If it seems that I'm dessert obsessed lately, I sorta am. Fact is, my recipe files were sadly lacking in desserts, and an honest assessment lead to the realization that my chops were too – So I'm out to fix that; suffer through it if you can.
Crème Brûlée, Crema Catalana, Flan, Créme Caramel, and Burnt Cream, is essentially a custard. While many variants add the hard caramel or burnt sugar top, there's nothing at all wrong with putting that caramel on the bottom, and/or making it liquid rather than hard. Some might argue that this would not technically be a brûlée, based on the contention that theFrench verb form brûlée literally means 'to burn'. I'd counter that making a caramel is more or less burning sugar, hence such arguments are quibbling at best.
Crème brûlée in its more or less modern iteration first appeared in a 17th Century cookbook by François Massialot, though he is not the originator of the dish; regardless of claims, custards go back farther than Chef Massialot did. Interestingly enough, a later edition of his cookbook changed the name to Crème Anglaise, a pouring custard not usually associated with this dish. Later iterations fully anglicized the name to Burnt Cream. The derivations mentioned above come from England, Spain, Portugal, and Mexico. There are certainly other names for what is a quite universal treat, and whatever you call it, it's delicious.
The classic version is flavored only with vanilla; remove the chocolate and coffee, and reduce the sugar by one tablespoon from our version below, and there you are. That said, it'd be a shame not to try the full Monty as we did.
For the Crème
2 Cups Heavy Cream
6 Egg Yolks
2 Tablespoons fresh ground Coffee
5 Ounces 60% Cacao Chocolate
3 Tablespoons Bakers Sugar
1 teaspoon Vanilla Extract
For the Caramel
2/3 Cup Bakers Sugar
1/4 Cup brewed Coffee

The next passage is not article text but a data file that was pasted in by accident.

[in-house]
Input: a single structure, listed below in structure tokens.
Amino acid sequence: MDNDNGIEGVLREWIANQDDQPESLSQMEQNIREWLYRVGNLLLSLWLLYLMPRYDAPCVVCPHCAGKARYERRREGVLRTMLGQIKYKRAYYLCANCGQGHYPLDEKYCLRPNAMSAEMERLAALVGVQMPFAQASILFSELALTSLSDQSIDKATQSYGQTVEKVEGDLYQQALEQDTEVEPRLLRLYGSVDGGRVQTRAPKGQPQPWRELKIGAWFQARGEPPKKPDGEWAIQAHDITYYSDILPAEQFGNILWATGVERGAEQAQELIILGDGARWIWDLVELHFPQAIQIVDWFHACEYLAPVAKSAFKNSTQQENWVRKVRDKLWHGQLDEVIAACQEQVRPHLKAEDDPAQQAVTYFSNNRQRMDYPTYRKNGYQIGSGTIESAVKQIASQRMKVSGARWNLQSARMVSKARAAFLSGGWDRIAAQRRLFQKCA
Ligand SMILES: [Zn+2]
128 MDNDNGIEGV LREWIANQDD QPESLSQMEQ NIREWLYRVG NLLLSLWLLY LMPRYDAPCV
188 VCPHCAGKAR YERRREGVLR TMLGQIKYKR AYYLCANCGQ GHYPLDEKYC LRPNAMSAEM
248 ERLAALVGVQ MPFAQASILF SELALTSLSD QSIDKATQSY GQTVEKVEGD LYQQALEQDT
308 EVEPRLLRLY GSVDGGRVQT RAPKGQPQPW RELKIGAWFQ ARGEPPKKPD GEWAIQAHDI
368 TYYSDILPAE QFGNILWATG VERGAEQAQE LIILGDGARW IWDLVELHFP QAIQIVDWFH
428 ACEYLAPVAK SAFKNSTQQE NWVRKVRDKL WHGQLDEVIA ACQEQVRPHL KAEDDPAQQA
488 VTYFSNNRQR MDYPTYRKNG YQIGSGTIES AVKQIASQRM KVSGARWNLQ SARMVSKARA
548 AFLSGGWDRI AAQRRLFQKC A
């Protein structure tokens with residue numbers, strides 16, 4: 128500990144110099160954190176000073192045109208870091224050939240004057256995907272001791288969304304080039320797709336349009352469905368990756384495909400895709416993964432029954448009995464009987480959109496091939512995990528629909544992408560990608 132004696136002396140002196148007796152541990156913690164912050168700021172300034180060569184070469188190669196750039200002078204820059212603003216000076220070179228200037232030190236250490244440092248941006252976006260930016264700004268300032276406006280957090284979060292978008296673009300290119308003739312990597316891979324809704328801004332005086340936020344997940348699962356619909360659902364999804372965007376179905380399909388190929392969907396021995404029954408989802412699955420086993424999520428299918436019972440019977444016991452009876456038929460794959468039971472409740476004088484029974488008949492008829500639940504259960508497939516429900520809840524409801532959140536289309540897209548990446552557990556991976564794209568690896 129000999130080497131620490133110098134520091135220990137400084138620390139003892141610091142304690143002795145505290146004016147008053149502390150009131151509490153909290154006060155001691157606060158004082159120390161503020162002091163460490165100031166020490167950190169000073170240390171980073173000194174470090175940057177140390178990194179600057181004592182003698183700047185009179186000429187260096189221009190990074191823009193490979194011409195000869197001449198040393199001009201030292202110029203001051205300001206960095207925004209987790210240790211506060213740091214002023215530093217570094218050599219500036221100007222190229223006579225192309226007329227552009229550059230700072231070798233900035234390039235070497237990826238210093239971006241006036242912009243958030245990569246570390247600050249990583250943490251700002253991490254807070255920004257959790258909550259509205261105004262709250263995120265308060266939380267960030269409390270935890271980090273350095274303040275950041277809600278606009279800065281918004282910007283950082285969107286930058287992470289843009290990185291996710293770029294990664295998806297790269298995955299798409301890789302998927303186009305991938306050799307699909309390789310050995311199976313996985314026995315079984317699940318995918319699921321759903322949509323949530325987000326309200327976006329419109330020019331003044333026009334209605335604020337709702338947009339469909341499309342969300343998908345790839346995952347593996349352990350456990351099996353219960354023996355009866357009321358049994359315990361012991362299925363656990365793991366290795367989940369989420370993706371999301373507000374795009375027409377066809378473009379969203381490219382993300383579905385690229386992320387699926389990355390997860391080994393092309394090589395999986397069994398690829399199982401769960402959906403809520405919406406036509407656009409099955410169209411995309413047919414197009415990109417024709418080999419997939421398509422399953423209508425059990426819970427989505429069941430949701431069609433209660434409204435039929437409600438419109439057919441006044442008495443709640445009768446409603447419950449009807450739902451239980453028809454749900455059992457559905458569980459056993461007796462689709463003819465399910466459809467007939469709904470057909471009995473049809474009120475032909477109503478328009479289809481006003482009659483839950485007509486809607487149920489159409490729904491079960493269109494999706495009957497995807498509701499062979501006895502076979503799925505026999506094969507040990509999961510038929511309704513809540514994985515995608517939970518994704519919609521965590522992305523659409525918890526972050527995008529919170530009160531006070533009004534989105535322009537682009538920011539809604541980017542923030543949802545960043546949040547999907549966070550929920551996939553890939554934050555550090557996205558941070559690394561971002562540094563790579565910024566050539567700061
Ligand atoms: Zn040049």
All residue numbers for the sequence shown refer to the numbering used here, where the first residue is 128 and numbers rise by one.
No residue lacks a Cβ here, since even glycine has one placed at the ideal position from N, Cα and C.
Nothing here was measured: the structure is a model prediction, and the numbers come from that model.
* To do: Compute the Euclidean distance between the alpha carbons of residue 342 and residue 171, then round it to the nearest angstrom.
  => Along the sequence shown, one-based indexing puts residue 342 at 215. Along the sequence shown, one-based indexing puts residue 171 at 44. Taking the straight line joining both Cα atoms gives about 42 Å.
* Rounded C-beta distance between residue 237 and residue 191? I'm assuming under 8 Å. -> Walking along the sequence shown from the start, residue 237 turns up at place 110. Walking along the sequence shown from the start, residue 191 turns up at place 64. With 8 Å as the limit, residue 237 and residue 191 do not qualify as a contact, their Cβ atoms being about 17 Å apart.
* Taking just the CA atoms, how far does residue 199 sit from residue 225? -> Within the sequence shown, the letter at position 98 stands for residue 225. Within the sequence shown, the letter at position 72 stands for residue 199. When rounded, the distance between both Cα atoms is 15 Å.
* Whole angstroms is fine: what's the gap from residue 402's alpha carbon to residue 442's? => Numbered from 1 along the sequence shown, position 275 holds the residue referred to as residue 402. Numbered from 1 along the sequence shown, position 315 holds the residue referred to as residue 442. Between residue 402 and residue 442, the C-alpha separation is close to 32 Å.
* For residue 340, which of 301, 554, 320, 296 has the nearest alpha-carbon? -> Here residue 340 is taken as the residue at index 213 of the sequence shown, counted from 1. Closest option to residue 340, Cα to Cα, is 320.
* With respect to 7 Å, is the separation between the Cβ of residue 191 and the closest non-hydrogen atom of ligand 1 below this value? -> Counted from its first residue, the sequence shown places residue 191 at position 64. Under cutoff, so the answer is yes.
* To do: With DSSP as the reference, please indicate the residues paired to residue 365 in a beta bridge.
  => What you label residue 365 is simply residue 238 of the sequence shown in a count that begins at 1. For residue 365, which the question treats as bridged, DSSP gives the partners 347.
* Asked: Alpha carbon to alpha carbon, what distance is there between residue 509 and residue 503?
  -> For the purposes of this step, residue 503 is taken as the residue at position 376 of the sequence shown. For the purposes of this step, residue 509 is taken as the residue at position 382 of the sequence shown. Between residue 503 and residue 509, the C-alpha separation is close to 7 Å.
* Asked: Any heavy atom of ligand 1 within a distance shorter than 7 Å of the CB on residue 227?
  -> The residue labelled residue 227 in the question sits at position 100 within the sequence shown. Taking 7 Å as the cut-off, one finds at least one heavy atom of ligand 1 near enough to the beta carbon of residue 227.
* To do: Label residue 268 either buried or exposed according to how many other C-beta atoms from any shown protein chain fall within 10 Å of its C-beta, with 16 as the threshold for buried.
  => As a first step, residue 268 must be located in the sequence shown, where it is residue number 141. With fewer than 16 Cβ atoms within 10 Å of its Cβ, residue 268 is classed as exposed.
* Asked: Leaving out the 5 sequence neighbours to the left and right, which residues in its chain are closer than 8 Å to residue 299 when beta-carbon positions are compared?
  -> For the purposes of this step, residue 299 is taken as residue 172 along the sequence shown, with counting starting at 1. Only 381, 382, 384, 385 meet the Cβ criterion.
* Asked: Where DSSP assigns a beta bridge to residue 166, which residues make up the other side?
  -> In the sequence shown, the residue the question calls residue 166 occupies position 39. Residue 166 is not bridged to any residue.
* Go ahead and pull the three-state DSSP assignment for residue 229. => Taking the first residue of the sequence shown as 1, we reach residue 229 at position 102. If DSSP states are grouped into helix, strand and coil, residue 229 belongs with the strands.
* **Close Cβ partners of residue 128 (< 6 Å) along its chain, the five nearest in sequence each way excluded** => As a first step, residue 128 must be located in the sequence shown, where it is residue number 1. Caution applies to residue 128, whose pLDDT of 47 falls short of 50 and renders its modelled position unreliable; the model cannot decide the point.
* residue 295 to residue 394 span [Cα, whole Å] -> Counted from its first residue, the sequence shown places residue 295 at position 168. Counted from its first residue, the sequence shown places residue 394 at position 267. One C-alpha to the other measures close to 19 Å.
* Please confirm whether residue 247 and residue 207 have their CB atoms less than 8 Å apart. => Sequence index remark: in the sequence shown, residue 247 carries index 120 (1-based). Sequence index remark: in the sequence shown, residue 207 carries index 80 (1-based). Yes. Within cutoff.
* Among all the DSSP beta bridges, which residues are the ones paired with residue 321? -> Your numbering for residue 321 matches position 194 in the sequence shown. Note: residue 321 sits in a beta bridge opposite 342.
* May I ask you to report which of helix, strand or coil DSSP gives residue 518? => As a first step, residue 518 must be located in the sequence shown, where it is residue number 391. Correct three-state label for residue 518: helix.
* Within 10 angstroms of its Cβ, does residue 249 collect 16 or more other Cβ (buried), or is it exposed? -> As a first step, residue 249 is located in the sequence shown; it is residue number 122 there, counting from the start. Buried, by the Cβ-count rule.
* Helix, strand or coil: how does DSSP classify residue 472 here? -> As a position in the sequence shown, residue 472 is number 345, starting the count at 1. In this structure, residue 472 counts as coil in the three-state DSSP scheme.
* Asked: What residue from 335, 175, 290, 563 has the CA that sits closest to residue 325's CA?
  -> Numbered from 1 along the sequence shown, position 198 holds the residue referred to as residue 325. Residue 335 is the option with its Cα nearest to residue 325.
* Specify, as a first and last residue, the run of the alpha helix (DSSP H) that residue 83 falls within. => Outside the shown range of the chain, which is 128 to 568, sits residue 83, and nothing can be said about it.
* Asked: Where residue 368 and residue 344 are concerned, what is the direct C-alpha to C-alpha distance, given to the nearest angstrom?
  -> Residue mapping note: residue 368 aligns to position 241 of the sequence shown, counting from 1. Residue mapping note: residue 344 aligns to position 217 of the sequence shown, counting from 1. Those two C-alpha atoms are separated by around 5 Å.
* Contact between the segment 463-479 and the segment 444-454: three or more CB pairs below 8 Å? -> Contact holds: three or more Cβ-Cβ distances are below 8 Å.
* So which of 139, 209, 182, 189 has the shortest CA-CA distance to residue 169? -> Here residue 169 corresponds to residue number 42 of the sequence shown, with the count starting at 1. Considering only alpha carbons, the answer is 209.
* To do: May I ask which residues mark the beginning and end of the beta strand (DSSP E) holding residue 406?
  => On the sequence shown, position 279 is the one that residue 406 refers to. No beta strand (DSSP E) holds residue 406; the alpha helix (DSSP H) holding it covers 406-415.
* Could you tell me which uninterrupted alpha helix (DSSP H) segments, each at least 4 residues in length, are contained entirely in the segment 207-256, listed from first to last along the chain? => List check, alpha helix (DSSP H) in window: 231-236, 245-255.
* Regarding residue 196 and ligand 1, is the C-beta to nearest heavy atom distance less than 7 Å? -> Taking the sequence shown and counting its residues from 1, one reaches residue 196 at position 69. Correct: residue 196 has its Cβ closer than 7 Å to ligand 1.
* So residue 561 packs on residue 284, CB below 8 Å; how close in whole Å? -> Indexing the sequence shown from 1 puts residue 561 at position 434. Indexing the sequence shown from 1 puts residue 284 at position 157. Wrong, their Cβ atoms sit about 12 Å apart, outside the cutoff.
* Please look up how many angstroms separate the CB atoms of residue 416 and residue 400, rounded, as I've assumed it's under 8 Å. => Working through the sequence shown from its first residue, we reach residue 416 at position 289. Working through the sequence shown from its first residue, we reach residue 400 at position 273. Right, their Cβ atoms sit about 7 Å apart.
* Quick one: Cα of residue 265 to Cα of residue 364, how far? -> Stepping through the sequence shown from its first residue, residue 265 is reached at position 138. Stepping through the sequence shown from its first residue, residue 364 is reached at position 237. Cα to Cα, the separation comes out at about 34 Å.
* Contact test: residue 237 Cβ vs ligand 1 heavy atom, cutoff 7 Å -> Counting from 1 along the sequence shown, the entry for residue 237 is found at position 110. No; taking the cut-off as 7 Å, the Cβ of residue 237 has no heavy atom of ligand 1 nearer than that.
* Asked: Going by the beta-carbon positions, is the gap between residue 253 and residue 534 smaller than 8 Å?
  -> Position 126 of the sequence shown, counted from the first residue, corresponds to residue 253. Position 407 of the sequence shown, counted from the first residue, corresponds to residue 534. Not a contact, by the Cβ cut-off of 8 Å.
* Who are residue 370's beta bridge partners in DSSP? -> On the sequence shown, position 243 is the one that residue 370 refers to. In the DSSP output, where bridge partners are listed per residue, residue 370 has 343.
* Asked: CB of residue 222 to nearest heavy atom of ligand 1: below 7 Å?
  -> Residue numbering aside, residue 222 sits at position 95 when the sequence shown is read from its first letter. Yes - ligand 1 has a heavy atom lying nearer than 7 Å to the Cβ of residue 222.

1/4 teaspoon Vanilla Extract
Pinch Sea Salt
Have ramekins right at hand.
In a sauce pan over medium high heat, add brewed coffee and reduce by 50%. Add sugar to reduced coffee and combine thoroughly. As blend starts to melt, reduce heat to medium, add vanilla and salt, whisking steadily. When the blend is smooth and consistent, pour equal measures into the bottom of each ramekin and tilt to coat the entire surface. Set ramekins aside. Note: blend will foam quite a bit when vanilla and salt are added, so be careful with heat, removing pan from burner when necessary to keep things under control.
Preheat oven to 300° F.
In a heavy sauce pan over medium heat, bring cream to a simmer.
Remove from heat, stir in ground coffee, cover, and allow to steep for 15 minutes.
Run cream mixture through a double mesh strainer, or doubled cheesecloth, returning steeped cream to sauce pan, and discard the coffee grounds.
Over medium heat, scald cream, (heat until small bubbles form around the edge of the pan); remove from heat.
Place chocolate in a steel or glass mixing bowl; pour cream over chocolate and allow to steep for 5 minutes.
Gently whisk cream mixture into the chocolate. Go slowly and feel the process out so that the chocolate doesn't seize. Set aside.
In a large mixing bowl, combine egg yolks, sugar, and vanilla; whisk to incorporate.
Add the cream and coffee blend to the egg mixture and combine thoroughly; go slowly – you want to combine without adding air bubbles to the blend.
Divide mixture among 6 ramekins or custard cups; you want to fill each to within about 3/4″ of the tops.
Place ramekins in a baking dish as or nearly as tall as they are; leave about an inch of space around each ramekin.
In a kettle or pan, boil enough water to fill the baking dish to at last 3/4 the height of the ramekins.
Note: I violated my no bubbles rule, as you can see – They're purely a cosmetic issue, so…
Bake until custards set around the edges, but still jiggle a bit in the center when gently shaken, about 40 to 50 minutes.
Remove from oven and leave in the water bath to cool; when cooled to room temp, transfer to fridge and cool at least 2 hours before adding caramelized sugar top.
When ready to serve, run a thin knife around the edge of a custard, then quickly invert onto a desert plate.